- Associated Press - Sunday, June 28, 2015

JUNEAU, Alaska (AP) - Dennis DeWinter’s workday typically begins around 6 a.m., when he leaves his home in Palmer to catch the ride-share program van for a 45-mile drive into Anchorage for his job at a printing company.

The $150-per-month option is much cheaper than what he would otherwise have to spend on gas, he said, and it is “stress-free.”

“I can nap, read, relax,” he said, adding later: “It’s a huge benefit.”

But for all the benefits, DeWinter is in a small group. The number of workers 16 and older who carpool or take public transit to work in the Anchorage area takes a back seat to those who commute alone, according to U.S. Census numbers. The most recent numbers from 2013 show solo commutes continue to be the most common means of getting to work, followed distantly by carpooling and with public transit even further behind. Each estimate came with a margin of error, as high as nearly 5,060 for solo drivers. There was no breakout for those who walked or biked to work.

Commuter data compiled by The Associated Press looked at U.S. metro areas with at least 100,000 people. In Alaska, only Anchorage fits that bill.

While traffic can get clogged in main thoroughfares, the mean commute times for the area are below the national average. Anchorage commuters spend about 23 minutes getting to work, compared to the mean travel time of nearly 26 minutes nationally. But it’s a longer commute than in other smaller population groups, between 100,000 to 499,999. The lowest estimated mean travel times were less than 17 minutes, around Lubbock, Texas, and Fargo, North Dakota. On the high end, it was about 31 minutes.

City and state officials are looking at ways to improve Anchorage-area traffic flows. The census estimates continued growth through 2020 in the Anchorage metro area, Alaska’s largest.

The state transportation department is working to widen a section of road known for bottlenecks on the Glenn Highway heading out of Anchorage, near the suburb of Eagle River, to keep up with current demands, department spokeswoman Shannon McCarthy said. The state is also looking at possible improvements that could come in the future, she said.

A passing lane is being added on a section of the Seward Highway, and other projects are in design, she said. The highway, which goes to the Kenai Peninsula and is known for safety concerns, sees a lot of congestion during the summer tourist season.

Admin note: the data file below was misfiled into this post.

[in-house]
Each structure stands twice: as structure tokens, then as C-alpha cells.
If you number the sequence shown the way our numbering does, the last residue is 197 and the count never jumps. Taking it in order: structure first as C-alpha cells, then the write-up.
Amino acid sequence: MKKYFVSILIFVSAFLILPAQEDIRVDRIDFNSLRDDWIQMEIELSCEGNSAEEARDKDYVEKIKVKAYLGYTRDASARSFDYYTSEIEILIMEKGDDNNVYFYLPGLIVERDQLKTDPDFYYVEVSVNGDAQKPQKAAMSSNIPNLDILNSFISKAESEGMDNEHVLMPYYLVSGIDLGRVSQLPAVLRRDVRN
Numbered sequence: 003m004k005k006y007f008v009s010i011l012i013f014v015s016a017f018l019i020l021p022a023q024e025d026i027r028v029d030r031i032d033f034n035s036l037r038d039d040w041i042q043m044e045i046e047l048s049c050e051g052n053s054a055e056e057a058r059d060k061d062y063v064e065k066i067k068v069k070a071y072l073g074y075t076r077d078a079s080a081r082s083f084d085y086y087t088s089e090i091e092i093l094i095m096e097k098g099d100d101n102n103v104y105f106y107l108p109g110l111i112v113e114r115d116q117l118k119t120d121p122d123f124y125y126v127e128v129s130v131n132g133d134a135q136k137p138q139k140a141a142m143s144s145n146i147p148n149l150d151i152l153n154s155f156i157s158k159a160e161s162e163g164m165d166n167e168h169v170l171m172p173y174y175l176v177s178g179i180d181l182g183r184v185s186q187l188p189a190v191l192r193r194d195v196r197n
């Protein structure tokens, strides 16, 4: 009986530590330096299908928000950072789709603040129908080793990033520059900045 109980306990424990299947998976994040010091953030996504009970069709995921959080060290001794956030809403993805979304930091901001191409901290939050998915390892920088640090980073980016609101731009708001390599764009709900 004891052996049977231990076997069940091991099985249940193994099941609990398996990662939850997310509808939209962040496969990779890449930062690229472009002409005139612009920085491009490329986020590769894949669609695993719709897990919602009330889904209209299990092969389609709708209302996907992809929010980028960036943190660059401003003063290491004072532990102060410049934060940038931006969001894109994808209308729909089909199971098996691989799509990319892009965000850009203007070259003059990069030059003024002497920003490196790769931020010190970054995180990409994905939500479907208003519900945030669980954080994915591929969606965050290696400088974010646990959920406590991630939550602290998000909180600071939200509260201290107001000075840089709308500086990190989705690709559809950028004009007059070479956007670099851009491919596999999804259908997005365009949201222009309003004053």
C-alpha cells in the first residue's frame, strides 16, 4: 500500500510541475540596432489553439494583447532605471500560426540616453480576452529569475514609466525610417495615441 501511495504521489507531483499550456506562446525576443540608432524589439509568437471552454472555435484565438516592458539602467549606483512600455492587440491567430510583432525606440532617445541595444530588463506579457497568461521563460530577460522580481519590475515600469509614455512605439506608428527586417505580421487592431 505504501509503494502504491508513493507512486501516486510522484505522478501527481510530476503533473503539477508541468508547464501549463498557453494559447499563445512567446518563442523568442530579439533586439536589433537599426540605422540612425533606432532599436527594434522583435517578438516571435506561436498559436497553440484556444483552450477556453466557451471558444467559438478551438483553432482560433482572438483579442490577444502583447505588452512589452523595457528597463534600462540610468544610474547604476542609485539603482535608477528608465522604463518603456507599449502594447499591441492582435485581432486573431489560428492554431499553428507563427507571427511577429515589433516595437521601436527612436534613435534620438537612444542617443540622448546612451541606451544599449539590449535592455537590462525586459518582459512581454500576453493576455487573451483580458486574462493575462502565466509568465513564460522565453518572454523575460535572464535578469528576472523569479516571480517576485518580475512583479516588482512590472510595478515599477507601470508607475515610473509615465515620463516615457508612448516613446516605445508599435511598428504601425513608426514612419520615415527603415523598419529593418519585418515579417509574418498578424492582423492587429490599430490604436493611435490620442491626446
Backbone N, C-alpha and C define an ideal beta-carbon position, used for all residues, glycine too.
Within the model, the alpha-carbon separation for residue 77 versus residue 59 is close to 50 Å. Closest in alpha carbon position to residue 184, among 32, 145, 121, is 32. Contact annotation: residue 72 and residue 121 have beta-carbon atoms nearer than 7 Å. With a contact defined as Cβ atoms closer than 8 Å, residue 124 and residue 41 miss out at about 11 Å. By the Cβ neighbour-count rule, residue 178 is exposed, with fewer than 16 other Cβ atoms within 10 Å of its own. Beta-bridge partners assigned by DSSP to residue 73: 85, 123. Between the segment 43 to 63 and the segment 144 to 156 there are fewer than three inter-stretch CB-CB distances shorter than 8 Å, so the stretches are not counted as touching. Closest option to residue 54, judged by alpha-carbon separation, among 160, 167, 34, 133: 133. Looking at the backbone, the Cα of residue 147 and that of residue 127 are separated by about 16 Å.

The municipality of Anchorage in recent years has added turn pockets and made other improvements at busier areas, and it is assessing delays and congestion at intersections to see how existing systems are working, city transportation planning manager Craig Lyon said. The city has a long-range transportation plan and a plan to address pedestrian and bicyclist needs, he said. The city also is touting the bus as an option.

“We’re doing fairly well,” he said, adding later: “That doesn’t help the person who’s stuck in traffic at 4:30 up here, but we’re not on I-5 at 3:30 on a Tuesday stuck forever, so we’re doing alright comparatively speaking.”

The city, which supports the contractor-run ride-share program that DeWinter takes, is launching a share-the-road campaign geared toward motorists and bicyclists. Lyon said that with the advent of fat-tire bikes, which help provide stability in icy, snowy conditions, more people are commuting by bike year-round.

Lindsey Hajduk of Anchorage bikes her daily commute of about 4 miles. If she drove, it would only take a few minutes. But jumping on the bike is a great way to start the day, she said, and she likes to take a longer, more scenic route home.

Hajduk is part of Bike Anchorage, a volunteer organization that advocates for safe roads. Anchorage still has a way to go in that regard, she said.

As for DeWinter, he isn’t carless. He drives to work on Mondays and keeps his car in Anchorage during the week, since he needs to be able to get around for work. He drives home on Fridays.

Over the years, he said, traffic has gotten worse. He and his wife have talked, fleetingly, about moving to Anchorage. They like the extra space and sense of community in Palmer. And while his days can get long, he doesn’t mind his commute in the 13-passenger ride-share van.

“I would rather be on the van than drive in myself,” he said.

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